Eyeballing at the production graph, the first 3 years average 150 bpd so the well makes $2.68 million/year, netting about $1.3 million/year. Problem: If the loan period is ten years, then annual interest and principal would total $3.64 million. This well could make that in the first year, but not the second.

Note that the producers re-fracked the well when it dropped below 100 bbl/day. Re-fracking costs about $2 million and brings it back to 100-200 bbl/day range for a couple of years. With an average over the next few years of a bit over 100 bbl/day, this adds a year to the breakeven point.

At the end of six years the flow has dropped to around 50 bbl/day. Even if the production company had somehow been making full payments all along, this is still something close to the breakeven point for just paying the interest (~$890k). There are at least five more years to go before the well makes back its initial investment.

This is all generalities, averages, and back-of-the-envelope, but even with a more optimistic scenario it doesn’t look good for the loan officer who approved this one. The operators will struggle to eke out sufficient total production and will probably hit permanently negative cash flow just two years in.

Not all sections of the various shale fields are the same. There is a concentrated area of low cost wells in a few western counties of North Dakota. These wells can make money at $40/barrel. On average, though, shale oil is a losing proposition in the mid-fifties. The average breakeven price is more like $60, and shale oil in the U.S. suffers from price discounts due to inadequate transportation infrastructure. Conoco Phillips, the largest U.S. oil exploration company, has announced that it will not pursue any opportunities with all-in production costs of over $50/barrel. That limits their options.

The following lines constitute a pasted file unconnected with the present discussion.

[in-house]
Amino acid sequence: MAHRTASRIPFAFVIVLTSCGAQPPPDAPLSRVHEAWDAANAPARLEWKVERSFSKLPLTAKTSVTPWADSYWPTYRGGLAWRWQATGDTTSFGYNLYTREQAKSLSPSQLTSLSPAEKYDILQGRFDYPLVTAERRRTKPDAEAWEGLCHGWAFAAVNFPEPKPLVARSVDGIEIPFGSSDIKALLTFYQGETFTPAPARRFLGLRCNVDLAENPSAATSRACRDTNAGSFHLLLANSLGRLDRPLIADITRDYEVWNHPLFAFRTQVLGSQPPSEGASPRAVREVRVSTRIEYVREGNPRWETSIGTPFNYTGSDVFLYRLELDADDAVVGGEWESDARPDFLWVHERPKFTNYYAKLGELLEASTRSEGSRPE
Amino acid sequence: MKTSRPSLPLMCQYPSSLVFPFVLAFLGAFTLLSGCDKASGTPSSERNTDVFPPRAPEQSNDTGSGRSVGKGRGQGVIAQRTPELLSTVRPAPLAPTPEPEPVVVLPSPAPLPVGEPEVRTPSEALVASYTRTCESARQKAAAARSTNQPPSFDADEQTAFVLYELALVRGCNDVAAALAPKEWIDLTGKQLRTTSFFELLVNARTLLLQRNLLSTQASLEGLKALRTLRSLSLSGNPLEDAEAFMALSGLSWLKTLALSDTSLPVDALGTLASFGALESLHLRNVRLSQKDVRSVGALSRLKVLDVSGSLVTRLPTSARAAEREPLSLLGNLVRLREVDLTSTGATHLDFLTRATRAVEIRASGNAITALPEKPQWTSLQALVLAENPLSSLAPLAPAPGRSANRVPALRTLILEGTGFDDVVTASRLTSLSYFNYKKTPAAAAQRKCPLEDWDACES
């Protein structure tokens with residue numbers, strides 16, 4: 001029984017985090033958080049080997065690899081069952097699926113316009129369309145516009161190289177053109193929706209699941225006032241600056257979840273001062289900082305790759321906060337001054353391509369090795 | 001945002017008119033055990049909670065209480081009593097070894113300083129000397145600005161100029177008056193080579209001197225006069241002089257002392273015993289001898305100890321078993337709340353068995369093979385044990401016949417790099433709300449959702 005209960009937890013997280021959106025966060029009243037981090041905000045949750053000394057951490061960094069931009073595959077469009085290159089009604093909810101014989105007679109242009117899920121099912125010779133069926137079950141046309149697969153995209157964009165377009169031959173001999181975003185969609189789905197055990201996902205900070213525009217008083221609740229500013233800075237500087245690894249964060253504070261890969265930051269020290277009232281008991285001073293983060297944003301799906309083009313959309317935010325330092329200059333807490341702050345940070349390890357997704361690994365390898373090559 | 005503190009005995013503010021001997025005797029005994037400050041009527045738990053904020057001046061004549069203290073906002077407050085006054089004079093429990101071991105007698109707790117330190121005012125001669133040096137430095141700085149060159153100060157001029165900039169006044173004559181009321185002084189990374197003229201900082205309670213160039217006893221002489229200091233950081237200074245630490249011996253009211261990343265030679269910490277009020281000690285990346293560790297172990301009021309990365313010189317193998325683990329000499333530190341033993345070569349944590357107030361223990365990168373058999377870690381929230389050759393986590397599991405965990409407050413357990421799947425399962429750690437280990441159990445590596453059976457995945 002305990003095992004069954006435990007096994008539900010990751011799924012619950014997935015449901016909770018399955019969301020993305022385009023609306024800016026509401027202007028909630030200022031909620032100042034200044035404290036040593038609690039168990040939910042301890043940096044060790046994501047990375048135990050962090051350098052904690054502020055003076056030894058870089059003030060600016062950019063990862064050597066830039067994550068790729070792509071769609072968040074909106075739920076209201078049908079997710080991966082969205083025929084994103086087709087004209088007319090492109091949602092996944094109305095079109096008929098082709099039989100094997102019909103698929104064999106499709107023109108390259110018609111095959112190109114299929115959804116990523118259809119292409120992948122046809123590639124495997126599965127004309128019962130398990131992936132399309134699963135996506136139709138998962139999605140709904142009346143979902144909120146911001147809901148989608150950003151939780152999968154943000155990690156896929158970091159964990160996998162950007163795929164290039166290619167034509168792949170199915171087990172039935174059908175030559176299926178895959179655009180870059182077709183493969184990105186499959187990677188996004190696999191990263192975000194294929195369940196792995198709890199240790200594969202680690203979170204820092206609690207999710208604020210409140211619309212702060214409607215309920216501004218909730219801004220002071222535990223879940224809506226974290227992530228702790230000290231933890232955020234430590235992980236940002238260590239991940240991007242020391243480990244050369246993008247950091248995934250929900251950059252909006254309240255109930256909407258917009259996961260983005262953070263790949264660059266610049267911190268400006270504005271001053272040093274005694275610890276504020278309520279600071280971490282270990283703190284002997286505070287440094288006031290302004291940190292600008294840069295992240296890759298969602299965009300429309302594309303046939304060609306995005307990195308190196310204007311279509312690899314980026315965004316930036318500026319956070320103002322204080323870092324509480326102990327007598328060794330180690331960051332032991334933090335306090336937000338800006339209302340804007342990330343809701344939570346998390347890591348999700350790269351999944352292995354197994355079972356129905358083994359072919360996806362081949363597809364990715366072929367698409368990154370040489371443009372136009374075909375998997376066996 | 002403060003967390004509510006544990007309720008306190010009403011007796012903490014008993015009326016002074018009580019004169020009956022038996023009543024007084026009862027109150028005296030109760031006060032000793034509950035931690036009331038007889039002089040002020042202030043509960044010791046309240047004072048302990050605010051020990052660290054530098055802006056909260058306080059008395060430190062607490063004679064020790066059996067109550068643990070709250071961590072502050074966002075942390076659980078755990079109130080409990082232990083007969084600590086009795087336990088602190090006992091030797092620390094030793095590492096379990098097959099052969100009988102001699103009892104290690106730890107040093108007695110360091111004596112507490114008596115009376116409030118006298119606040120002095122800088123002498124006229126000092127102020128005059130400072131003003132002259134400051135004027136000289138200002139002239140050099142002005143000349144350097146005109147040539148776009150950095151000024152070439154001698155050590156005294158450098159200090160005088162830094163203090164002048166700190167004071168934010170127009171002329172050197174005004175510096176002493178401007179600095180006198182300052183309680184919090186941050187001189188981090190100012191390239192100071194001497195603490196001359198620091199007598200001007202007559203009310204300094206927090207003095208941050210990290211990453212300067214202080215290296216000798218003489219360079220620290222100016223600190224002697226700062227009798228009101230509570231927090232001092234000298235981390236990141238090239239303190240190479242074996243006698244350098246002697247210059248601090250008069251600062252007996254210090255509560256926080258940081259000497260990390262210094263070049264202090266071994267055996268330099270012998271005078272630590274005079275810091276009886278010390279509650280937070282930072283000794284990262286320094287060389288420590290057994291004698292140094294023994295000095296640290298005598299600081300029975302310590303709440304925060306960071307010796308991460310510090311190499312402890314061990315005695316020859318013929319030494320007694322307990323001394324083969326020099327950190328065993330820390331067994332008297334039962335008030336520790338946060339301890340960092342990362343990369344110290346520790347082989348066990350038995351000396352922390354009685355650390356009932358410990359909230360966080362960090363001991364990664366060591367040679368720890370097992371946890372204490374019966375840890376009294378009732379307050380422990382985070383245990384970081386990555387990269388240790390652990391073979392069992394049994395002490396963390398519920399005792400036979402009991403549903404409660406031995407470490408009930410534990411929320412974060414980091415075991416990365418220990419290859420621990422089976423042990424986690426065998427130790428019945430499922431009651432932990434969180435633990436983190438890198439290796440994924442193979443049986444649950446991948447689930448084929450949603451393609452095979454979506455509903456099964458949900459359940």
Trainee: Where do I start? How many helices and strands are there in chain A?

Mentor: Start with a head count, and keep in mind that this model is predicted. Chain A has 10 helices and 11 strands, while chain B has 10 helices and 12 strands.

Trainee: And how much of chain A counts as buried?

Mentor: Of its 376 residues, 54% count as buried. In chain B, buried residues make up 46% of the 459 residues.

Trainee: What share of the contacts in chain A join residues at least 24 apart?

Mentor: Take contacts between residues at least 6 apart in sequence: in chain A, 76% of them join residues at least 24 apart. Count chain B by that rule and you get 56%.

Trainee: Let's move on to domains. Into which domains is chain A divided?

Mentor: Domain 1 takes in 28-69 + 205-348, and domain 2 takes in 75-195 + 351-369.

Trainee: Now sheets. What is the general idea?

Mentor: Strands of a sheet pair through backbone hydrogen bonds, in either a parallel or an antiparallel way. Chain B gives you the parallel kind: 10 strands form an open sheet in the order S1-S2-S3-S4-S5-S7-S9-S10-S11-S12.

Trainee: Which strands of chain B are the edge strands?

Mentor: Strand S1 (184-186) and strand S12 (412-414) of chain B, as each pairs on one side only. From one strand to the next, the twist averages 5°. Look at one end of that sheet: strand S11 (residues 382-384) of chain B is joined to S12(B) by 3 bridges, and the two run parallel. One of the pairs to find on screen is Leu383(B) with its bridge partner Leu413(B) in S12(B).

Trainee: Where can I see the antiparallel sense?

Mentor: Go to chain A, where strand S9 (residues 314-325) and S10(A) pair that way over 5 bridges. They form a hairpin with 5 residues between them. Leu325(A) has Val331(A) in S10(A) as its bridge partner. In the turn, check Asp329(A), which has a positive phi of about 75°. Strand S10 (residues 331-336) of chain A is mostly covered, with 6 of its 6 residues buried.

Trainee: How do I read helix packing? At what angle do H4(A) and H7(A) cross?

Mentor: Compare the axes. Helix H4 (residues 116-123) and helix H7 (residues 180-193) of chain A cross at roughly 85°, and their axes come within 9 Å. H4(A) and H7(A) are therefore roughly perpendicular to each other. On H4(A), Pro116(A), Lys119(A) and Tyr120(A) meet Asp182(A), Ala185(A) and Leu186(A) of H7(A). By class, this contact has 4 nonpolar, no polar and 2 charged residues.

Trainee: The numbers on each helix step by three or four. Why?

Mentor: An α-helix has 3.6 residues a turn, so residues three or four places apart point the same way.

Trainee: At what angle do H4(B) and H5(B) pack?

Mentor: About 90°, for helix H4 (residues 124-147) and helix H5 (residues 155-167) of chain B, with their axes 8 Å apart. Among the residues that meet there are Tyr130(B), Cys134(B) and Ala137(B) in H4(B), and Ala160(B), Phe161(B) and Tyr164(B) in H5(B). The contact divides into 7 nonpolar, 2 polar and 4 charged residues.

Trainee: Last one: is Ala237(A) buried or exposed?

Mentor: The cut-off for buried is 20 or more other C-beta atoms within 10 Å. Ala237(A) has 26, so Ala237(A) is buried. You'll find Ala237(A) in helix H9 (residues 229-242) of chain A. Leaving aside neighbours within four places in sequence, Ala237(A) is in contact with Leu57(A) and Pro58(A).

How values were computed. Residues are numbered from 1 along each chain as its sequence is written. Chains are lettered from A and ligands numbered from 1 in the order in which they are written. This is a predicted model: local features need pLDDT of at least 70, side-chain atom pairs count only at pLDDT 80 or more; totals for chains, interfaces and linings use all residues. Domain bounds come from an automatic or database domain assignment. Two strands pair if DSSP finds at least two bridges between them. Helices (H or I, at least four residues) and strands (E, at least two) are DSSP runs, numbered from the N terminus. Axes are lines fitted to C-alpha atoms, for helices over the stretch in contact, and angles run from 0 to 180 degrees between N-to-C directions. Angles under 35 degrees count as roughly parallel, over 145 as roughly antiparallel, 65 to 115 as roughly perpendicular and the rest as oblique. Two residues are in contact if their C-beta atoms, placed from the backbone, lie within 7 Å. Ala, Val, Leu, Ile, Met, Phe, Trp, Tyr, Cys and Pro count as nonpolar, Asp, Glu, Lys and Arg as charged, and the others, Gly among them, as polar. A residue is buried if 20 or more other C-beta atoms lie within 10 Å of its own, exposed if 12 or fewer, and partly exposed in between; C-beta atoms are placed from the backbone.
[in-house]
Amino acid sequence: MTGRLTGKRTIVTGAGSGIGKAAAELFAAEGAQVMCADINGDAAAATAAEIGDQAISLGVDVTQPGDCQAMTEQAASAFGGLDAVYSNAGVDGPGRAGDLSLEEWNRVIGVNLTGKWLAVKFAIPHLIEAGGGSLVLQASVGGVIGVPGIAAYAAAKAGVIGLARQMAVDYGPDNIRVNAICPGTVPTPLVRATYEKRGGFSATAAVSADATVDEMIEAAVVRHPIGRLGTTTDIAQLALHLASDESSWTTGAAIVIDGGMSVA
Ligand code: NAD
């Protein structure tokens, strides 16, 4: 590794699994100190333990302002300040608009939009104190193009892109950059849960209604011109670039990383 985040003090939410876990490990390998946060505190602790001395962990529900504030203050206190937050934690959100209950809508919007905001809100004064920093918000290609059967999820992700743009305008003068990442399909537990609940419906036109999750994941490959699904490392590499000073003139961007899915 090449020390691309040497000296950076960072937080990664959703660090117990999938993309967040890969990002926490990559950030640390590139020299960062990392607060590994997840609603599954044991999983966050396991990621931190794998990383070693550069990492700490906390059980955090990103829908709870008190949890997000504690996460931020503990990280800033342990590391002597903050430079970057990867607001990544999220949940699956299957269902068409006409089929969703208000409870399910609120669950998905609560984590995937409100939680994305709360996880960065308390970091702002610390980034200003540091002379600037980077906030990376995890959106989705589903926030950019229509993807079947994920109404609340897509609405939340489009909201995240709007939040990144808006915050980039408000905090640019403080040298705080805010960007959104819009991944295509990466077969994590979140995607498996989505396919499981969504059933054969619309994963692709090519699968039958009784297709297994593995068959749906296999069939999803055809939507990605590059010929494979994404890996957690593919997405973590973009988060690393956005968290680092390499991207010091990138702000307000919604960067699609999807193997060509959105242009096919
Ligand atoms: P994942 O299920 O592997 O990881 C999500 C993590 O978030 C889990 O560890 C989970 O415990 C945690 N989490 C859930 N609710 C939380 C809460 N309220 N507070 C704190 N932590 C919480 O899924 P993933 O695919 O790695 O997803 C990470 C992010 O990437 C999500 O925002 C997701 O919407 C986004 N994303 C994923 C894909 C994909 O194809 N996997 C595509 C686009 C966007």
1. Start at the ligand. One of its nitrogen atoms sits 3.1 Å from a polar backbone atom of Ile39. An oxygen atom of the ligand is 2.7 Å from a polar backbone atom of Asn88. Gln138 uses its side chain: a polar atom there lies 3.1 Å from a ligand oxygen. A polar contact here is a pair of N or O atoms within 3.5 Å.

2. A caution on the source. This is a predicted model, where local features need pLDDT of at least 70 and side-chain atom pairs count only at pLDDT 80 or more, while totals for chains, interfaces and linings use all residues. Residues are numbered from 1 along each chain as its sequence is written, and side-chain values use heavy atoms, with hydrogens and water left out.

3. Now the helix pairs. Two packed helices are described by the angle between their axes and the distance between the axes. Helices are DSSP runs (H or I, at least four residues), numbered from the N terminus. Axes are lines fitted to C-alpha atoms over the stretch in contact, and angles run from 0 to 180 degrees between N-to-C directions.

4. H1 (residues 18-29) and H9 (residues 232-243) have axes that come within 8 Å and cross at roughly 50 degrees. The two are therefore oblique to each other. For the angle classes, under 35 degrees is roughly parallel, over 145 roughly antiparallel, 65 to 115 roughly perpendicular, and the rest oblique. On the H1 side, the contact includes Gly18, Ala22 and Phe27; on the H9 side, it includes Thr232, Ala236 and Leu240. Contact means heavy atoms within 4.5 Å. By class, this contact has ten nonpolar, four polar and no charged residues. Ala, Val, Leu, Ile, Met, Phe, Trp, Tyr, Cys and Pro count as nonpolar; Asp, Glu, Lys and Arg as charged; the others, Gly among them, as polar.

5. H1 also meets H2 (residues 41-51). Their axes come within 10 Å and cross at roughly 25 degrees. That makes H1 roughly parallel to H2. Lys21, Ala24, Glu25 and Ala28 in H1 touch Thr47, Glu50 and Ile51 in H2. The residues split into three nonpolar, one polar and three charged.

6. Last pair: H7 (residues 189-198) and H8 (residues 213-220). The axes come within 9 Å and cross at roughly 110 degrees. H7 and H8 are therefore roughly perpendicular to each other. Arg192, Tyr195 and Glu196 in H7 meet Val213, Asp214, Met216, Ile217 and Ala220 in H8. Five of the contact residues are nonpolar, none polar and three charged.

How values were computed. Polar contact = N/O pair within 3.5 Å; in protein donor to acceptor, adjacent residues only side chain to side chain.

As recently as the summer of  2014 the WTI oil price was over $100. A combination of U.S. and OPEC overproduction killed the price. U.S. shale oil production went from 1 million barrels/day in 2007 to a peak of just over 5 million in 2015. It has dropped by a million since then, but OPEC is holding back production to keep the price in the $55-$60 range. They can crash the price again if they think wiping out U.S. shale production is in their interests. Then again, if they manage to crank the price over $60 fools will rush in and complete half done shale wells and the overproduction will drop the price again.

Witness the string of bankruptcies in the shale oil and gas sector. There were 89 last year alone. Investment has dropped off and the rate of new wells being drilled is down. Most of the major players are burning at least $500 million annually.

I know you will be shocked, shocked, by this, but it looks as if the shale oil boom was mostly a con from the beginning. It efficiently transferred cash from the pockets of investors, banks, and bondholders into the pockets of drillers and oil service companies. It was less efficient at transferring oil out of the ground for less than the market price.